It is sad that for my morning sports radio, I have only two options. One is local Chicago radio, pumping their chests while talking about how great every local team is when they win, only to tear them to pieces when they lose. Since I am not a huge fan of any local team, I usually tune to option B, which is generally more vanilla and even more frustrating.
Mike and Mike in the Morning.
Day after day, I tune into them, hoping that this will be the day that they can complete an entire show without me shaking my head about something was said by them. Today, sadly, was not the day.
The Packers were having their “two a day” treatment, Mike and Mike’s effort to look at what each NFL teams needs were heading into the offseason, a few player questions, and finally whether their stock was rising or falling. As I sat with baited breath, my entire life’s existence depending on what analysis the two Mikes would add to the Packers, the two a day started with the following question:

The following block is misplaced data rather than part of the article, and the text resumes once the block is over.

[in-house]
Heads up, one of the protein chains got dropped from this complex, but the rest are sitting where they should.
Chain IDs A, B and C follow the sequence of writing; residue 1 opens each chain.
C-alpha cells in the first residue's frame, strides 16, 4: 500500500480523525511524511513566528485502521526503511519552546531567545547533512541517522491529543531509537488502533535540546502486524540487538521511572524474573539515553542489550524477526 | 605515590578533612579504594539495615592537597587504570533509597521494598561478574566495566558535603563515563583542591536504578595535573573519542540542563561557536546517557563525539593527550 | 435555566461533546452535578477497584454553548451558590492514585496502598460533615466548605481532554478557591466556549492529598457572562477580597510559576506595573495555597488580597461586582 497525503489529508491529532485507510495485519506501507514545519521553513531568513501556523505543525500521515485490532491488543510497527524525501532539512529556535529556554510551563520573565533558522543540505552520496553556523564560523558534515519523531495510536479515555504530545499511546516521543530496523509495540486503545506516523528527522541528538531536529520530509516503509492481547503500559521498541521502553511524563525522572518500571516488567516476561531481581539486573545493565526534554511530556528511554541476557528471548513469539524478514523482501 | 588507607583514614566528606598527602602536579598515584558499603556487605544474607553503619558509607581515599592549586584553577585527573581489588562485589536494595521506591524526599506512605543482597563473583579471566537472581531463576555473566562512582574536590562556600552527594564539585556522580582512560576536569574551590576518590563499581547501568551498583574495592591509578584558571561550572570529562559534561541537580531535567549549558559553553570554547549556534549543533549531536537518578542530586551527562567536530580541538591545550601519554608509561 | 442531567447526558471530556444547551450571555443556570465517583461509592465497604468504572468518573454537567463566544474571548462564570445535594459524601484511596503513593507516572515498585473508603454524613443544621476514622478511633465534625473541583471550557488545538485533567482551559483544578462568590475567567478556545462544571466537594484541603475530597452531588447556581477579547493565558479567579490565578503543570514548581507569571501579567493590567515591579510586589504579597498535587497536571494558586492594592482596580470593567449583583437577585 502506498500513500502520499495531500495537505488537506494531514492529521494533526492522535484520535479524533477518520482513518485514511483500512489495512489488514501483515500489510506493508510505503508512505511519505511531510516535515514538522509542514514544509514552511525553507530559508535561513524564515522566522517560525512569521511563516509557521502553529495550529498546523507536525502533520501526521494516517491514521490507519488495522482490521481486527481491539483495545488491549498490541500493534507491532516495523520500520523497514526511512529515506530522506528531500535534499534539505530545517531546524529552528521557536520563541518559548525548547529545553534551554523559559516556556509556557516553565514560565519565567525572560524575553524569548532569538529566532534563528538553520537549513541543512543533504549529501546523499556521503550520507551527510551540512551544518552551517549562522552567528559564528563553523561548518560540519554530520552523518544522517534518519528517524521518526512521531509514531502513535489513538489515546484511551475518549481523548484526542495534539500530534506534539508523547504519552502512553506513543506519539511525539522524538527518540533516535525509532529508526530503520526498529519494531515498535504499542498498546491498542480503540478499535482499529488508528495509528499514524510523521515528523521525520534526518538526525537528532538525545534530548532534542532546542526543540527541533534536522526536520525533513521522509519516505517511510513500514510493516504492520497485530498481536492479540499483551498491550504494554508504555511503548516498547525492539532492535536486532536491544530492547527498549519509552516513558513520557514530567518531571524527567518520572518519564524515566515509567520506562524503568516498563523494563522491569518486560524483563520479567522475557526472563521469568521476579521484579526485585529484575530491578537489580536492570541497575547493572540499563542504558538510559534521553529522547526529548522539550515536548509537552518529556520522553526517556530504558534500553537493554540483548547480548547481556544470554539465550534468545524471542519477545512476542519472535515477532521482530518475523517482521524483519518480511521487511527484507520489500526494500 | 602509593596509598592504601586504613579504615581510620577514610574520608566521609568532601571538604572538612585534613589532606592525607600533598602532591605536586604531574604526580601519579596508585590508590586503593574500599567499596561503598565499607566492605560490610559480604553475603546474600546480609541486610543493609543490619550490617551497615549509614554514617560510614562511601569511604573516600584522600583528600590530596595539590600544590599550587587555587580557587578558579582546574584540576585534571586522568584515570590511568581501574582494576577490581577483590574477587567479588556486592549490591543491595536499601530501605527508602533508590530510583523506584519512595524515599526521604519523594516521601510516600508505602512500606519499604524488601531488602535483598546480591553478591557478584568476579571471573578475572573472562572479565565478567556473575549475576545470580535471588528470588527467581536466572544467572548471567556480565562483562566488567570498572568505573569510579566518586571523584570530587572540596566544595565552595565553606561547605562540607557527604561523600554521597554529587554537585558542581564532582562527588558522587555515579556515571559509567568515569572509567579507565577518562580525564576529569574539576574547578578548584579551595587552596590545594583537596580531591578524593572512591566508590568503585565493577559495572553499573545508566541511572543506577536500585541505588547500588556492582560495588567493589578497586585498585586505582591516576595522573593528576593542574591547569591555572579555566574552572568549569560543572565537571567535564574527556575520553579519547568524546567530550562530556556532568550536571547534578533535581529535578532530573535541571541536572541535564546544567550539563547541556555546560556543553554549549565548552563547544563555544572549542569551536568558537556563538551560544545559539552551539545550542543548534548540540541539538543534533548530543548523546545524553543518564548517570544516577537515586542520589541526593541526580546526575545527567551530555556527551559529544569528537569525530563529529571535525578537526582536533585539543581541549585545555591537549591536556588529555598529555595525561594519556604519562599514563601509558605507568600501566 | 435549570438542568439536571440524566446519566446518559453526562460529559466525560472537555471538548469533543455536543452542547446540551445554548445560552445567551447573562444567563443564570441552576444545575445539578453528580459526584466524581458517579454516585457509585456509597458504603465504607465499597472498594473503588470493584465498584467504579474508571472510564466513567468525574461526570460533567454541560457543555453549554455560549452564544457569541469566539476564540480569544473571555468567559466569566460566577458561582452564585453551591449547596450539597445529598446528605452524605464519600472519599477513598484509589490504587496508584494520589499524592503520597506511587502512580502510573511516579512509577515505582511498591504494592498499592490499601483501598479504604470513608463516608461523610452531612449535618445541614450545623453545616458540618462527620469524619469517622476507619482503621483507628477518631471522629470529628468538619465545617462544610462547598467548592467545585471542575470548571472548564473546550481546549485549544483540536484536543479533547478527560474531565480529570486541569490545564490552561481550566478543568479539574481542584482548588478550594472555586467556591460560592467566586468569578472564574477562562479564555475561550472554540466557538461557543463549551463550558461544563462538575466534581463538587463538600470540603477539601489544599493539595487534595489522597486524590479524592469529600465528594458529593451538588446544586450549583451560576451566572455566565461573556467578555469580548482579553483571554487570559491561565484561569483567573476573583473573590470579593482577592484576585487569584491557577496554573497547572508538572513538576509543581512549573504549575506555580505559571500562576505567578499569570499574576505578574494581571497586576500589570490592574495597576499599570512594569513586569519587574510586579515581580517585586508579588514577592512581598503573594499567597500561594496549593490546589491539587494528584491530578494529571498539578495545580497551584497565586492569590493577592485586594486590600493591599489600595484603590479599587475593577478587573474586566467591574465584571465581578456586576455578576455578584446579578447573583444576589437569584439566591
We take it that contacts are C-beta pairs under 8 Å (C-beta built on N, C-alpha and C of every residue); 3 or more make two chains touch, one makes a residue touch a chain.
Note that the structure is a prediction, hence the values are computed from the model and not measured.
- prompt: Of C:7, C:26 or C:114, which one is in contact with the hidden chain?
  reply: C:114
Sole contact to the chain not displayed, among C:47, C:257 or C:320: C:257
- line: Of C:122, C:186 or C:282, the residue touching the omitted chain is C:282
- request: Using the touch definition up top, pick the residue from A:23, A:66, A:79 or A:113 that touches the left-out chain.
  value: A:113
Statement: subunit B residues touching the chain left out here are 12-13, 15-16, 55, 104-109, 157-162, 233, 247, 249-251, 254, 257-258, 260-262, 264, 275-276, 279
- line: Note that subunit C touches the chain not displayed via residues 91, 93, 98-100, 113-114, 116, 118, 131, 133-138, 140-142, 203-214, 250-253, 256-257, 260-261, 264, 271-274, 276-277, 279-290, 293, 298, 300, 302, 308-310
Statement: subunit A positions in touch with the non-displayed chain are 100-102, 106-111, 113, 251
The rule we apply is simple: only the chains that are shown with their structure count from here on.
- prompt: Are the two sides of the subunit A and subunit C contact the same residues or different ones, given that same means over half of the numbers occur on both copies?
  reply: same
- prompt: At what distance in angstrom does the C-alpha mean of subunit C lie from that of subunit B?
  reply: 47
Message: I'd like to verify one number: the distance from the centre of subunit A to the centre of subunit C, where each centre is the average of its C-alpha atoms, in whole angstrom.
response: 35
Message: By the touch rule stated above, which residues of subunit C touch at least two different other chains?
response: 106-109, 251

“What part of Aaron Rodgers game needs improvement?”
Attempting to keep an open mind, I waited patiently for their first answer. The head shaking began with the answer of “He holds onto the ball too long.”
Really? Ok Mikes, explain.
After attempting to convince me (and everyone else listening) that because of holding onto the ball too long, Rodgers is concussion prone, the head shaking began.
If memory serves, Rodgers suffered two concussions in 2010. One was against the Redskins, on the last play on offense for the Packers that day. OK, fine, I’ll give you that one. The second one was against the Lions, running in the open field. Last time I checked, a quarterback cannot throw the ball past the line of scrimmage, so I don’t think the one against the Lions tackle was a case of him holding onto the ball too long. It was more a case of Rodgers doing what he does best-creating plays. On this particular play, it cost him, but that is not the point.
Remember, they said he holds onto the ball too long. So I interpret this as they are not looking at the facts. What they are doing is relying on their writers to give them information to read. I guess the information they received today was from 2009, when it was clear that Rodgers was holding onto the ball too long. I could point out that he cut his sacks from 50 in 2009 to 31 in 2010, but why bother? They are who they are.
In the future, if you are going to do an analysis on the Packers, please get a clue, and know what you are talking about.
Filed Under: John Rehor